Why Alaska's Snow Crab Shortage Is So Scary, According To Scientists

Whether or not you are partial to a delicious plate of butter-drenched crab legs, you should be concerned about the sudden dramatic decline of Alaska's snow crab population. Snow crab numbers have dropped by more than 87% in 2022 (via New Scientist), down from 8 billion to just 1 billion in less than five years. The situation is so dire that Alaskan fishermen will not be fishing for snow crabs at all this winter in order to give the crabs a chance to recover. According to the local regulatory authorities, fishermen are not allowed to catch the crustaceans when their numbers fall below a certain point (via ABC7 Chicago) — thus allowing the population to replenish.

This is very bad news for Alaskan fisheries — the snow crab harvest generated $132 million dollars in revenue in 2020 alone (via NBC News) — but it is potentially much worse news for humankind as a whole. Scientists believe the reduction in numbers is not due to overfishing but instead due to the rapid warming of our arctic oceans.

Warming waters

Although officially, Alaskan fisheries have shut down for the year due to overfishing, fishing itself is not the cause of the sudden drop-off in snow crab numbers (via CNN). Snow crabs have been moving steadily north since the '80s, most likely due to warming waters (via New Scientist). A similar population collapse happened to the red king crab population last year, and this year, the red king crab harvest will also be abandoned yet again.

The sudden disappearance of the crabs has joined a mounting body of evidence that seems to confirm the earth's temperature is warming faster than expected — and the frosty seas around Alaska are particularly vulnerable. In 2019, record-breaking warm temperatures were recorded in the Bering Sea (via NBC News), and scientists have concluded that arctic waters are heating up four times faster than other parts of the ocean (via ABC7 Chicago). National Geographic estimates that summer sea ice in the freezing north may vanish by 2035.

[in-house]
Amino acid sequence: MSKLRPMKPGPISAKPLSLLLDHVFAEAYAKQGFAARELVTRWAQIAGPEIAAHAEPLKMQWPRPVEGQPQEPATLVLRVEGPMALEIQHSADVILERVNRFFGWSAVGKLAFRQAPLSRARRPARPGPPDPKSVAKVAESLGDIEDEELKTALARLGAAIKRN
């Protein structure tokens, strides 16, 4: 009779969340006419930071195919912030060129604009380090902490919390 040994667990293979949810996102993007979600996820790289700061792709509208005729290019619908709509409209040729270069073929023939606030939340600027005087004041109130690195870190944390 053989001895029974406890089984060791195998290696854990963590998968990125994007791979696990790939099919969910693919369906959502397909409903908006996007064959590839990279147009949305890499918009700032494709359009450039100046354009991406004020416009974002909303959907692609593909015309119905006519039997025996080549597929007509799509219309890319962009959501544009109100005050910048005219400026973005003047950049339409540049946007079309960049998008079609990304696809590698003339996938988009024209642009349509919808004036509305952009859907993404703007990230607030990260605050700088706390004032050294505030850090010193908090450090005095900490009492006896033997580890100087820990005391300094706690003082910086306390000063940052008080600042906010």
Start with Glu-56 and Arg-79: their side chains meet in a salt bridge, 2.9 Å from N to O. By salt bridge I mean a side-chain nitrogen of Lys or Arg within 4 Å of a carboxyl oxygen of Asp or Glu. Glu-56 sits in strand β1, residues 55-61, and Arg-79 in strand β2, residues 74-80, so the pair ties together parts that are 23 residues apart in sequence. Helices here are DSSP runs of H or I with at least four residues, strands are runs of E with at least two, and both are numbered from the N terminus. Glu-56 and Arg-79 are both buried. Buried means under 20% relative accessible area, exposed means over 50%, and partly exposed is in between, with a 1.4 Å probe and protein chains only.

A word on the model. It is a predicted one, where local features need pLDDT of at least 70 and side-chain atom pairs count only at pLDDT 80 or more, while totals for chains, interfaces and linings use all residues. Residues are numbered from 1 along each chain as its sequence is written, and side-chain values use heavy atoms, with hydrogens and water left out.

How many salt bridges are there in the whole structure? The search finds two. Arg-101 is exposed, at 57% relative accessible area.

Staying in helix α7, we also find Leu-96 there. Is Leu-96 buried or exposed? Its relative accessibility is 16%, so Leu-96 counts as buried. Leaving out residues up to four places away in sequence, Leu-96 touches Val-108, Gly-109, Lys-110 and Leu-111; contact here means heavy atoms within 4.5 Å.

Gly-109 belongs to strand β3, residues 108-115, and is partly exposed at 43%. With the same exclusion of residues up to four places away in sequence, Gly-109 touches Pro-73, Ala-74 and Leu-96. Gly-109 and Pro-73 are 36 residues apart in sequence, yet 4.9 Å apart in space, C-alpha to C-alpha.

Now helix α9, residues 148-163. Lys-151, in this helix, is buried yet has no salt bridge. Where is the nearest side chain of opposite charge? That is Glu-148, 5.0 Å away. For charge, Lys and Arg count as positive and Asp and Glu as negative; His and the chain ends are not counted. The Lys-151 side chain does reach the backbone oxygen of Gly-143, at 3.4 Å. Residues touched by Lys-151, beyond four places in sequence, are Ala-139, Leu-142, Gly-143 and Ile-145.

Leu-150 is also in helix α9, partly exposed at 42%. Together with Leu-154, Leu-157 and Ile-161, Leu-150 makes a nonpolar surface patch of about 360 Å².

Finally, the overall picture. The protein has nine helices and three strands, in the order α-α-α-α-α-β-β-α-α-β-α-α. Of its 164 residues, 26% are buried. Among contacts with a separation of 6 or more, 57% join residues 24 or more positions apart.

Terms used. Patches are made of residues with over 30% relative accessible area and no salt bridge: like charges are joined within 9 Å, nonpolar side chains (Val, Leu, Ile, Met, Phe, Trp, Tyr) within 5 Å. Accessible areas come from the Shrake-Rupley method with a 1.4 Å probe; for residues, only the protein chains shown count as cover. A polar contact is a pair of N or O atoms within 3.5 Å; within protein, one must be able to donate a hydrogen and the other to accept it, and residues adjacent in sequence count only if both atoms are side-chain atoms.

Alaska in peril

News of the collapsing snow crab population has hit social media just weeks before the COP 27 climate conference is due to go ahead, an event at which mass extinctions are sure to be discussed (via the United Nations). Some scientists believe that without drastic action on climate change, the world's seas are likely to go through a mass extinction event over the next few centuries — a disaster that would see countless species disappear forever (via Smithsonian Magazine).

In the U.S., Alaska has been one of the first states to really feel the impact of climate change more generally. Permafrost — the permanently frozen earth which makes up the coldest regions of the world — has begun to shrink in Alaska (via the United States Environmental Protection Agency). The temperature has also climbed by 3 degrees Fahrenheit in the last 60 years, part of a long-term trend that is likely to drastically alter the local ecosystem.

In the more immediate future, many families living in Alaska who make their living from the seas can expect to lose their jobs (via NBC News). According to The Washington Post, many third-generation fishermen are likely to go out of business due to the decline of snow crab numbers.